The American Lung Association in California (ALAC) released its annual State of the Air report today. Not surprisingly, the report notes that the top 5 worst metro regions for ozone pollution are all in California, including Los Angeles, Hanford-Visalia, Bakersfield, Fresno-Madera, and Sacramento. No less than 77% of Californians live in counties that have high numbers of unhealthy air days.
While the report documents ways in which each region has made improvements to air quality, it also demonstrates just how much ground there is left to cover, especially in the San Joaquin Valley region, whose air pollution rates – by every measure – have remained stubbornly at or near the top since the report was first issued in 2000. This is particularly concerning because over the next 35 years, the San Joaquin Valley is predicted to add 3.6 million new residents – making it the fastest-growing region in the state. That means that many more of the state’s residents are going to struggle with the respiratory health effects of poor air quality: asthma, COPD, heart disease, etc., which in turn will lead to higher healthcare expenses, lost wages and lost productivity in a region of the state that can ill afford it.
Given the magnitude of these impacts, one would expect local officials to be receptive to arguments that planning for healthy, sustainable communities makes for good economics: after all, San Joaquin County could save as much as $47 million in 2035 by making infill-oriented planning decisions now. Interestingly, however, these arguments seem to have less traction than ones that describe the economic competitiveness of infill and its potential to attract young college graduates and entrepreneurs looking to invest in the community and put down roots. This is logical – cash-strapped cities climbing out from under the Great Recession are wise to look for new revenues.
While linking economic development and public health in order to get good policies written into the Sustainable Communities Strategies has been thus far effective at the level of discsussion, Richard Florida published a review of some analysis of creative class segregation in major metropolitan areas today which suggests that there is more to be done to fully ensure that the benefits of healthy and sustainable planning are realized by the many, not the few. The article’s major finding is that high density and high quality transit are strongly correlated with greater clustering of creative class workers. Having lived in cities like Chicago, Washington DC, and Seattle, I’ve observed this high-rent, high-density concentration first hand – where proximity to a transit stop is a marker of status and access that few can afford. Not only that, but cities with greater ethnic diversity tend to drive creative class concentration as well. In the most populous, diverse state in the country, this isn’t a feasible course of action, yet we note a California version of this same effect in San Joaquin County’s Regional Transportation Plan – significant investments in roads and commuter trains, with less funding for local transit (more likely to be used by low-income residents in the county), and a general lack of infill.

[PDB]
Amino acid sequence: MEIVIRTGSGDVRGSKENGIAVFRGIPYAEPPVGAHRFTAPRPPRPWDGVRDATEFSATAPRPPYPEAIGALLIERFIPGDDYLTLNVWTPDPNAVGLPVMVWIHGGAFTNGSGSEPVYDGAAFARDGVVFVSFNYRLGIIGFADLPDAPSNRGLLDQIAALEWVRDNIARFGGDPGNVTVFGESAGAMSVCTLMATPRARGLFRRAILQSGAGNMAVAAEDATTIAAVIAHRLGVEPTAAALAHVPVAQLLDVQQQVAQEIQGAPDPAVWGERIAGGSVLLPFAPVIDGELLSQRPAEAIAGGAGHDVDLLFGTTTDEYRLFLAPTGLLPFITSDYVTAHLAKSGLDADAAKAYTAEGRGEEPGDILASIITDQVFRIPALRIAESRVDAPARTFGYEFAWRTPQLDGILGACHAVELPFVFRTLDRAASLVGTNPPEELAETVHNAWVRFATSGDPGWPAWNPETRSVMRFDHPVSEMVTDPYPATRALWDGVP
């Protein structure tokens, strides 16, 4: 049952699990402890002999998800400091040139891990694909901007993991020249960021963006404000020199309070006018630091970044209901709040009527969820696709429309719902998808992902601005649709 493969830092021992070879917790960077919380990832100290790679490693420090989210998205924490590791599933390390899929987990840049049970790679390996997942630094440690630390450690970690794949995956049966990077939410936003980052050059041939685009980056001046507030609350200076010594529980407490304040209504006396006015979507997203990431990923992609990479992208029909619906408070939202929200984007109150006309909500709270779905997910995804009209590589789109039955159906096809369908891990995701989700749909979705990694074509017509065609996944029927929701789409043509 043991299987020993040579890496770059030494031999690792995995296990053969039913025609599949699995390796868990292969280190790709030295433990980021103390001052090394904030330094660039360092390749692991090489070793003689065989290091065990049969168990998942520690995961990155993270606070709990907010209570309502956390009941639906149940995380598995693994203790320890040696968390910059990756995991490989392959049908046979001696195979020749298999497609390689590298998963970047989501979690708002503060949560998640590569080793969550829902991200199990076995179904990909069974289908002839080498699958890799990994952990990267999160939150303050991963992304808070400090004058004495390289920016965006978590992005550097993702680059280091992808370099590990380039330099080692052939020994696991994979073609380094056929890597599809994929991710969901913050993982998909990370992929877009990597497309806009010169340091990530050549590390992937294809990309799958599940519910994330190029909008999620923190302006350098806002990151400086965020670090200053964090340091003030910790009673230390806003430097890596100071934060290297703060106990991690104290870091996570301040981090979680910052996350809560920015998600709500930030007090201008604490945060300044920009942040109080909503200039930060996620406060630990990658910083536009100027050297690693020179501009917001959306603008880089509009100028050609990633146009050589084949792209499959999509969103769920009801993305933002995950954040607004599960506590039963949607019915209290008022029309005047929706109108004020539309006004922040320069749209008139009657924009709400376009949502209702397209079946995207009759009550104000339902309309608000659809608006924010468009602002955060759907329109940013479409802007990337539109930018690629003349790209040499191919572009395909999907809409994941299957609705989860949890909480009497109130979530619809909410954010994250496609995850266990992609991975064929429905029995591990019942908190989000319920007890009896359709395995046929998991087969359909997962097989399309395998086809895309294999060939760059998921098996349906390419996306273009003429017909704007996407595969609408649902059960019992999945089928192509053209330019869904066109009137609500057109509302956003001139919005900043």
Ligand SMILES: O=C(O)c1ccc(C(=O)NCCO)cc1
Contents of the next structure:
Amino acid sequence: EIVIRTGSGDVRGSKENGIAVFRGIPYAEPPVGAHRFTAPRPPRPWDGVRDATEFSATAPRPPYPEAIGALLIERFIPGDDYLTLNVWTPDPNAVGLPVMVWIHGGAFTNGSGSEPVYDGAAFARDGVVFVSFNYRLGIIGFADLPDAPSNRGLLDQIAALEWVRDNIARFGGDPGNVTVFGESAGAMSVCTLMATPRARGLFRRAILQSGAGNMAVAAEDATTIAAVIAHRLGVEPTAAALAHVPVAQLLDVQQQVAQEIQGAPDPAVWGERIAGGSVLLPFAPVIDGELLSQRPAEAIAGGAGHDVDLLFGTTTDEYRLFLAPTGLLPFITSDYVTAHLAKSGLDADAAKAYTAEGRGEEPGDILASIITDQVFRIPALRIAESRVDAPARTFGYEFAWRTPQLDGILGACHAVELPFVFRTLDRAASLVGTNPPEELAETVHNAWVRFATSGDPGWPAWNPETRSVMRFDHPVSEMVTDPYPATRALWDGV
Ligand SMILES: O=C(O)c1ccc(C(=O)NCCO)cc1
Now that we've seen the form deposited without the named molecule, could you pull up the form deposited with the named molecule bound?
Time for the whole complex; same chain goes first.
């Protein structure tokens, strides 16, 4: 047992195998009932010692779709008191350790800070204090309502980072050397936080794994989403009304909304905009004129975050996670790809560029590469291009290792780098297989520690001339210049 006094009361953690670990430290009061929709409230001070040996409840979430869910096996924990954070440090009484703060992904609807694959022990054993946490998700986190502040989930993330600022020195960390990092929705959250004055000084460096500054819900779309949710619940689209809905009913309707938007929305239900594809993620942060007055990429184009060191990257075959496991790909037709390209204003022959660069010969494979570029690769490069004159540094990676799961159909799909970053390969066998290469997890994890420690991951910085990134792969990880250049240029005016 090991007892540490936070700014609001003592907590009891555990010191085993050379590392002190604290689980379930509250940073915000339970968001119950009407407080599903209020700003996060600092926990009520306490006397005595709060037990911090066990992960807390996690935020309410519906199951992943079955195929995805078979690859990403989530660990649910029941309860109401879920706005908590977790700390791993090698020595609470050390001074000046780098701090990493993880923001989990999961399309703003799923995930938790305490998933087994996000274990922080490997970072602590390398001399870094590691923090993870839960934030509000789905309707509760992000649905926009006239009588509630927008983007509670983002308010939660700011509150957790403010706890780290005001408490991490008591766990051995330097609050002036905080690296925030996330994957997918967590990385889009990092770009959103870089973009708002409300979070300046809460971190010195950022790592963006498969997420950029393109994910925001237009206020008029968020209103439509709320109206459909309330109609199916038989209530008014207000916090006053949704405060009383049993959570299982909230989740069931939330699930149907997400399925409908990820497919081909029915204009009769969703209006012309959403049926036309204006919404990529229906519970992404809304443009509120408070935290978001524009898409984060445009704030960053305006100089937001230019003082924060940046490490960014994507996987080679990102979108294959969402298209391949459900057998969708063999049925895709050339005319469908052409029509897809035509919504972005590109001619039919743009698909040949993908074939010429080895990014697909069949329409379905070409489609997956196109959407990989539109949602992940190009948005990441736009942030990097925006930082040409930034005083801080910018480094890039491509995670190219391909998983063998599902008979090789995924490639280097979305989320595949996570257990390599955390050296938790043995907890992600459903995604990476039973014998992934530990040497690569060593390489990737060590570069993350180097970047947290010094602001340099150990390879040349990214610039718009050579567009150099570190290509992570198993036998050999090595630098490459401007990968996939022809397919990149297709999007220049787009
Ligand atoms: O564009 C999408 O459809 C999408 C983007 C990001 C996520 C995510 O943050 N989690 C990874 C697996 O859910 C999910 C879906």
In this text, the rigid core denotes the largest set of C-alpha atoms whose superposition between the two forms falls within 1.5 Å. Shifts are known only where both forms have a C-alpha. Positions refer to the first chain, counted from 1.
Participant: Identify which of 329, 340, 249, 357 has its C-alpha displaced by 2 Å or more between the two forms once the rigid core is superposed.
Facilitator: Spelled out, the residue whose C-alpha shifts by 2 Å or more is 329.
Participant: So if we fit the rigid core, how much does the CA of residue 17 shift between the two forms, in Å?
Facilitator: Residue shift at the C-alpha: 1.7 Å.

As the San Joaquin region grows, we have the opportunity to make transportation and land use investments that help us transition from a car-oriented to a transit-oriented future in an equitable manner, and we must be vigilant about maintaining a balance that allows us to leverage the benefits of creative class residents while making sure that all of our residents benefit from walkable communities and good transit access, regardless of race, ethnicity, or income.